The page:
WordPress POST data and the 404 errors: The mystery of the restricted query variables

I recently had a problem with a form submitted in WordPress returning a 404 error everytime even though it was submitting to an entirely valid URL. The form submission was managed via AJAX using jQuery.post(), so at first I assumed it was a Javascript problem – after a bit of testing, however, I discovered it was happening even if I submitted the form via PHP. I was entirely baffled by the issue (particularly because I had another form on the same site that submitted with no issues whatsoever) and spent a number of days trying to work it out – eventually I discovered the problem had nothing to do with Javascript, PHP or the server configuration, but was actually due to a restriction built into WordPress that isn’t immediately apparent.

It turns out that WordPress has a number of query variable names that are reserved for specific functions and cannot be used by any custom form on the site. In my case, I had a field called ‘name’ that was the culprit and simply changing it to ‘clientname’ fixed my problem entirely. The problem is that instead of giving a helpful error, WordPress just returns a 404 with no explanation about what went wrong or why it happened – even with debug mode on there is nothing helpful. This, as you can imagine, is particularly frustrating.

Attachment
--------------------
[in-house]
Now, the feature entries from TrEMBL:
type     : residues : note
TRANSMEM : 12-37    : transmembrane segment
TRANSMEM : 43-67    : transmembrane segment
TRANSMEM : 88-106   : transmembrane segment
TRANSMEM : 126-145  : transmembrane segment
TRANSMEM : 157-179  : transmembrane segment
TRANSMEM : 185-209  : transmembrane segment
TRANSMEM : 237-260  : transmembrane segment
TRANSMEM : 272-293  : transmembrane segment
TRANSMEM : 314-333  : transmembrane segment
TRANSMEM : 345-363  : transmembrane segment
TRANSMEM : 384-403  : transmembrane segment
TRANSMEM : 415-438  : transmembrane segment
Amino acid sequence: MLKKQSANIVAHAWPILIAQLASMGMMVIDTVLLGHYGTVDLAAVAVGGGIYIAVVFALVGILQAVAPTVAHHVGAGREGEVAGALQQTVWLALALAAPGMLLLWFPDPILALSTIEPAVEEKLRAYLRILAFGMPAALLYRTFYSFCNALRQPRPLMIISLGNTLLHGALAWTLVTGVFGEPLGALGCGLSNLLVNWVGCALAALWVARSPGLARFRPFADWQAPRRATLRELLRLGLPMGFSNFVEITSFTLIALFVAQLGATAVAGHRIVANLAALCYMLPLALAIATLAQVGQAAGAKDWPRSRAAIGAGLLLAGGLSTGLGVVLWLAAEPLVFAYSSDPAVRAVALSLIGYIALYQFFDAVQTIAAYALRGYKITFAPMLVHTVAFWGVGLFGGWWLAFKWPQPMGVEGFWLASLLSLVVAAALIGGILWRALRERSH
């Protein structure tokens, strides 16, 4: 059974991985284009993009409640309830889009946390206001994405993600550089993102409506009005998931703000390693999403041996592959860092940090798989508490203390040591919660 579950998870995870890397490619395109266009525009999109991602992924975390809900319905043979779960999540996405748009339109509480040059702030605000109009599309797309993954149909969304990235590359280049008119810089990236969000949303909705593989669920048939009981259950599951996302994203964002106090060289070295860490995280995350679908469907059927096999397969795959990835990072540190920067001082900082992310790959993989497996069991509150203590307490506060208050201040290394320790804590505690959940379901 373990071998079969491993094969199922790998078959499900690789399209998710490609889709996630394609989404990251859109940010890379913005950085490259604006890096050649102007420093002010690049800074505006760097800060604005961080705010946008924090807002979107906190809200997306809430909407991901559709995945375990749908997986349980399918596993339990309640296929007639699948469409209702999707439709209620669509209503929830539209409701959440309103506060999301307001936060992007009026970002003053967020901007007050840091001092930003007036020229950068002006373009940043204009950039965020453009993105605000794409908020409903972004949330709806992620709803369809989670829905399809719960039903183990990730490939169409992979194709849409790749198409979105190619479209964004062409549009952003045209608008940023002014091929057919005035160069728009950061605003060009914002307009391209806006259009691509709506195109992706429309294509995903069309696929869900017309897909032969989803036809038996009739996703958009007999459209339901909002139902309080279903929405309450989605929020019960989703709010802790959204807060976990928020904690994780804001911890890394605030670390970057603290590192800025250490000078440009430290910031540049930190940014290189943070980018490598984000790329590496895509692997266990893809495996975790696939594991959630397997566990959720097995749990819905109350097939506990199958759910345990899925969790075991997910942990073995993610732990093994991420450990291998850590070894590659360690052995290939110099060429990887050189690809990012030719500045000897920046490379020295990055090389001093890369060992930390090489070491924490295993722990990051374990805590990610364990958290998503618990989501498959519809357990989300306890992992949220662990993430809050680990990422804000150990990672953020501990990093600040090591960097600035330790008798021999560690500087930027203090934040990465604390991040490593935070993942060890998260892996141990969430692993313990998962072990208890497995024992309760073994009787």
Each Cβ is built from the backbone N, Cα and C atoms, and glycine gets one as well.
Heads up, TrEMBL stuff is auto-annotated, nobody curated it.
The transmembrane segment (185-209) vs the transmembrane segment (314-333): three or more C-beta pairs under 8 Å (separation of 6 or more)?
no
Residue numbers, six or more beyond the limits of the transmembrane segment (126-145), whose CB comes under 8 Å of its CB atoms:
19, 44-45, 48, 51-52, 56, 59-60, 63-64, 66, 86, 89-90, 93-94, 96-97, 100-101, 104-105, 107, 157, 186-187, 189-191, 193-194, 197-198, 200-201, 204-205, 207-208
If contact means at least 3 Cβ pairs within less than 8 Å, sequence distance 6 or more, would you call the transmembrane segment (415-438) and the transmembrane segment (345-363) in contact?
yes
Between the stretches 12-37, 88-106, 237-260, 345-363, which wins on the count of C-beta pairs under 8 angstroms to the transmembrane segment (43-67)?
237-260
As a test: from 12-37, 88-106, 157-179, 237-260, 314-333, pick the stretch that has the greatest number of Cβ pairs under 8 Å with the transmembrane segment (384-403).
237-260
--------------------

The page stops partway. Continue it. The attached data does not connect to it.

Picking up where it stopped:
I haven’t found any official documentation listing the reserved variables, but there is this user-created page in the WordPress Codex that has a list of them (based on the variables used by WP_Query). I’m not sure how complete it is, but it seems fairly comprehensive.

Seeing as though I struggled with this for a few days, I thought I would share the solution here to help anyone else who might be having a similar issue.

5 thoughts on “WordPress POST data and the 404 errors: The mystery of the restricted query variables

  1. Awesome! I was just having this exact same problem. Although the ajax request had been working fine for the past year, it just stopped working all of a sudden today. Turns out this was the issue. Thanks a lot!


  2. Cool.
    Probably, wp-includes/class-wp.php file for the arrays $public_query_vars and $private_query_vars are the noums that are forbiden:
    $public_query_vars = array(‘m’, ‘p’, ‘posts’, ‘w’, ‘cat’, ‘withcomments’, ‘withoutcomments’, ‘s’, ‘search’, ‘exact’, ‘sentence’, ‘calendar’, ‘page’, ‘paged’, ‘more’, ‘tb’, ‘pb’, ‘author’, ‘order’, ‘orderby’, ‘year’, ‘monthnum’, ‘day’, ‘hour’, ‘minute’, ‘second’, ‘name’, ‘category_name’, ‘tag’, ‘feed’, ‘author_name’, ‘static’, ‘pagename’, ‘page_id’, ‘error’, ‘comments_popup’, ‘attachment’, ‘attachment_id’, ‘subpost’, ‘subpost_id’, ‘preview’, ‘robots’, ‘taxonomy’, ‘term’, ‘cpage’, ‘post_type’);
    $private_query_vars = array(‘offset’, ‘posts_per_page’, ‘posts_per_archive_page’, ‘showposts’, ‘nopaging’, ‘post_type’, ‘post_status’, ‘category__in’, ‘category__not_in’, ‘category__and’, ‘tag__in’, ‘tag__not_in’, ‘tag__and’, ‘tag_slug__in’, ‘tag_slug__and’, ‘tag_id’, ‘post_mime_type’, ‘perm’, ‘comments_per_page’, ‘post__in’, ‘post__not_in’);


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